Nowhere in Africa is an autobiographical novel by Stefanie Zweig.
By page 22 of Nowhere in Africa, when I read the following sentence, I knew I’d enjoy this book:
Regina also loved her Aya, who had come to the farm shortly after Rummler [the dog]. She stood in front of the house one morning after the last bit of red had disappeared from the sky and the black vultures on the thorn-trees moved their heads out from under their wings.
As you may gather, Zweig is a creative writer, with an imaginative style that catches your attention. At times she is brilliant and humorous, and every now and then so good it brings a lump to your throat. There’s lots of clever writing:
After the house was finished, Daji Jiwan constructed a kitchen building in the round shape of the native huts, and, after that, very reluctantly, a wooden shed over a deep pit with a bench with three holes in different sizes cut out of it. The toilet was Walter’s invention, and he was as proud of it as Kimani was of his fields. He had the wooden door decorated with a cut-out heart, which soon became such an attraction on the farm that even Daji Jiwan made peace with the building, for which he himself did not have any use. His religion did not allow him to purge his body twice in the same location.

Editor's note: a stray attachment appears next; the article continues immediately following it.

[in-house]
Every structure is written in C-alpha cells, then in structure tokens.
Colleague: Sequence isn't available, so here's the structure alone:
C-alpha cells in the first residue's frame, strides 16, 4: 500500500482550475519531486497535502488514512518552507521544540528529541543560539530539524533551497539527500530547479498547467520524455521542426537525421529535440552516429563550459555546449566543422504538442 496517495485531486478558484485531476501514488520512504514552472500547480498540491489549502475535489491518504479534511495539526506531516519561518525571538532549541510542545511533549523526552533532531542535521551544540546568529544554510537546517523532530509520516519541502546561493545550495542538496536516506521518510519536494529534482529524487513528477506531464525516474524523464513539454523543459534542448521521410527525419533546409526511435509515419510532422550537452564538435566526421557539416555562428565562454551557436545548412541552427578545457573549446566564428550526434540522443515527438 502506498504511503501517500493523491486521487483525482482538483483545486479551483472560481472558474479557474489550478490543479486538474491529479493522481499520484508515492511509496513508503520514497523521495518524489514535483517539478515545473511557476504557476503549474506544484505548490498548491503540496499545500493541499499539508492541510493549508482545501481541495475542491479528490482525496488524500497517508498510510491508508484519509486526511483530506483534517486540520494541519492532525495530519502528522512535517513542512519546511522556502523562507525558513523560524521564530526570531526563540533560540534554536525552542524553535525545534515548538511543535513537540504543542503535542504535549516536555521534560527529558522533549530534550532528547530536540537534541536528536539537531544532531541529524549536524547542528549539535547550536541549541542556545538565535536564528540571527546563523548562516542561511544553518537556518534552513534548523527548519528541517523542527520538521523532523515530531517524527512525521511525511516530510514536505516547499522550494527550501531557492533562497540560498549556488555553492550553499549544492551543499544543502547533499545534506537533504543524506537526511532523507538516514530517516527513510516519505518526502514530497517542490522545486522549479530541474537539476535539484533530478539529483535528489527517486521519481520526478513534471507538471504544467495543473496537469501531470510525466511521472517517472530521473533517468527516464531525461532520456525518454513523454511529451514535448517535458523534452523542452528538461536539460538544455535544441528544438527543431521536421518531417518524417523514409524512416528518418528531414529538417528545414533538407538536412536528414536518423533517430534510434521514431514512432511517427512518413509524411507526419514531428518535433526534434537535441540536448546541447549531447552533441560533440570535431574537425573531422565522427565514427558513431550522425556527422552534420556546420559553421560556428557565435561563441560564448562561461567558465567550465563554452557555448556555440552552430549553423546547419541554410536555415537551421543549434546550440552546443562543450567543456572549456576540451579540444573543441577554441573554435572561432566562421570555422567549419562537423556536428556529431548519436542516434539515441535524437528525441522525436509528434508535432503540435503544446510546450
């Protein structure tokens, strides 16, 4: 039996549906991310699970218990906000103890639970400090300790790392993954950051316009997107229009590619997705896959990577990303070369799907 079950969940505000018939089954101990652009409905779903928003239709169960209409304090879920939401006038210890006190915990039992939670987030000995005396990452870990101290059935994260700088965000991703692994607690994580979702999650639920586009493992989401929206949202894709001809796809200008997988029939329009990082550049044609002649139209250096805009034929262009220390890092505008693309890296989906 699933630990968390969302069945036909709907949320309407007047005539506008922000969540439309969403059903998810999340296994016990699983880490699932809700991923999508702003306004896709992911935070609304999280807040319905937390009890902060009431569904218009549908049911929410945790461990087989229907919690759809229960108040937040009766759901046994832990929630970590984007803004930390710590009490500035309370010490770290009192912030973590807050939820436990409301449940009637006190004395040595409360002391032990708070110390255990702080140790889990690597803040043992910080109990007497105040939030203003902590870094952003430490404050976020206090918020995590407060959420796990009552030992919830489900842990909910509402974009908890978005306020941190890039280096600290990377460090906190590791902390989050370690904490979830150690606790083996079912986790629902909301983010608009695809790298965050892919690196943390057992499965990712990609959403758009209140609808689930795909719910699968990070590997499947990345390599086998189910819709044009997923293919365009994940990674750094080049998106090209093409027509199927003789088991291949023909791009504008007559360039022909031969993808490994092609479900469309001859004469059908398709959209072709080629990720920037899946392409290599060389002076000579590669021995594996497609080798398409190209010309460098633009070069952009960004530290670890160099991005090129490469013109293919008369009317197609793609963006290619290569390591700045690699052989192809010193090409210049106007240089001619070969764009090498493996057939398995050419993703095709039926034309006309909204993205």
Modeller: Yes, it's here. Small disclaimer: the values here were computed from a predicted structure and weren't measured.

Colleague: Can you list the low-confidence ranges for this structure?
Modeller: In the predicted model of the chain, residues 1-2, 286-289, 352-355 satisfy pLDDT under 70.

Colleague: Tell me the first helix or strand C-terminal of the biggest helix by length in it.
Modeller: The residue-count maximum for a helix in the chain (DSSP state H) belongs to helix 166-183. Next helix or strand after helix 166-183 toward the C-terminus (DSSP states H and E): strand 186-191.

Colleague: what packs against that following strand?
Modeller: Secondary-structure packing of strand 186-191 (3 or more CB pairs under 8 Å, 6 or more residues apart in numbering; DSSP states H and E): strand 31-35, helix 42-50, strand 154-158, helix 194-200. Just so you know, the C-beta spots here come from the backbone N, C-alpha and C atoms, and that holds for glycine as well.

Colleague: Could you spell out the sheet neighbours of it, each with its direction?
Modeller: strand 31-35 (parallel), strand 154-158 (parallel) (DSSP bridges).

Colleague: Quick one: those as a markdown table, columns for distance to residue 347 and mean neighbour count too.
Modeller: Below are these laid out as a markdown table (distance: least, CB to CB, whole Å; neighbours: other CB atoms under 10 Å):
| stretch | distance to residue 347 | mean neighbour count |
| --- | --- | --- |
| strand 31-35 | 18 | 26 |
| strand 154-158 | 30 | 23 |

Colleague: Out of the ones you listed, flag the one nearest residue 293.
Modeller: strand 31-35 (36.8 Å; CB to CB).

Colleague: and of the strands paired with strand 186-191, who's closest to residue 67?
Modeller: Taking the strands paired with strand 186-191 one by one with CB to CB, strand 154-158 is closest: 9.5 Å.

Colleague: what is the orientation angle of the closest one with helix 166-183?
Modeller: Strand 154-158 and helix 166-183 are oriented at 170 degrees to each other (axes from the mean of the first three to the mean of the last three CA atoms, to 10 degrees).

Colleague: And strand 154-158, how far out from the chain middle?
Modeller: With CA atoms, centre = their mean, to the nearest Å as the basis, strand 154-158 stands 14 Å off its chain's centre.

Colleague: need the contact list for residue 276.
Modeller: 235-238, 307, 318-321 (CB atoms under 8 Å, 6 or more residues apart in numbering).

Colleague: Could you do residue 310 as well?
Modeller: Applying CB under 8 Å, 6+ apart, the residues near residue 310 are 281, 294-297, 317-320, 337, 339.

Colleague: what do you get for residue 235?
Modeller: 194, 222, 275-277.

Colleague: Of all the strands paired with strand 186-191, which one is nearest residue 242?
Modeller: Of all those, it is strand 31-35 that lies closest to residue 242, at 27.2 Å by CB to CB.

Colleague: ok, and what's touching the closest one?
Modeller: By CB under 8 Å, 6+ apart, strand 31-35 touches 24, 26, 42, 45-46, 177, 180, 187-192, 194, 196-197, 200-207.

Nowhere in Africa tells the story of a Jewish family who escape Nazi Germany and go to live in Kenya. Apparently, there were quite a few people who did this, but their new lives were often not easy. Zweig’s father had been a lawyer in Silesia who spoke little English. With no previous relevant experience, he became a farm manager in a remote part of Kenya and struggled for a long time.
On the outbreak of WWII, immigrants from Germany, who were mostly Jewish, were rounded up by the Kenyan authorities, and while the men were housed in camps, the women and children were boarded for a while at the Norfolk Hotel (a wonderful colonial-style establishment by the time Lindsey and I had coffee there, forty years later) and the New Stanley Hotel. Walter eventually joins the British Army in Kenya, where he learns a little English, and towards the end of the book, they prepare to leave Kenya and return to Germany.
This book is wonderfully written.
Last night we watched the movie Nowhere in Africa. As it was playing through a PlayStation 3 box, at first we had some problems with the subtitles (the DVD was published in Germany), but we enjoyed watching scenes of Kenya, which is surely one of the most beautiful countries.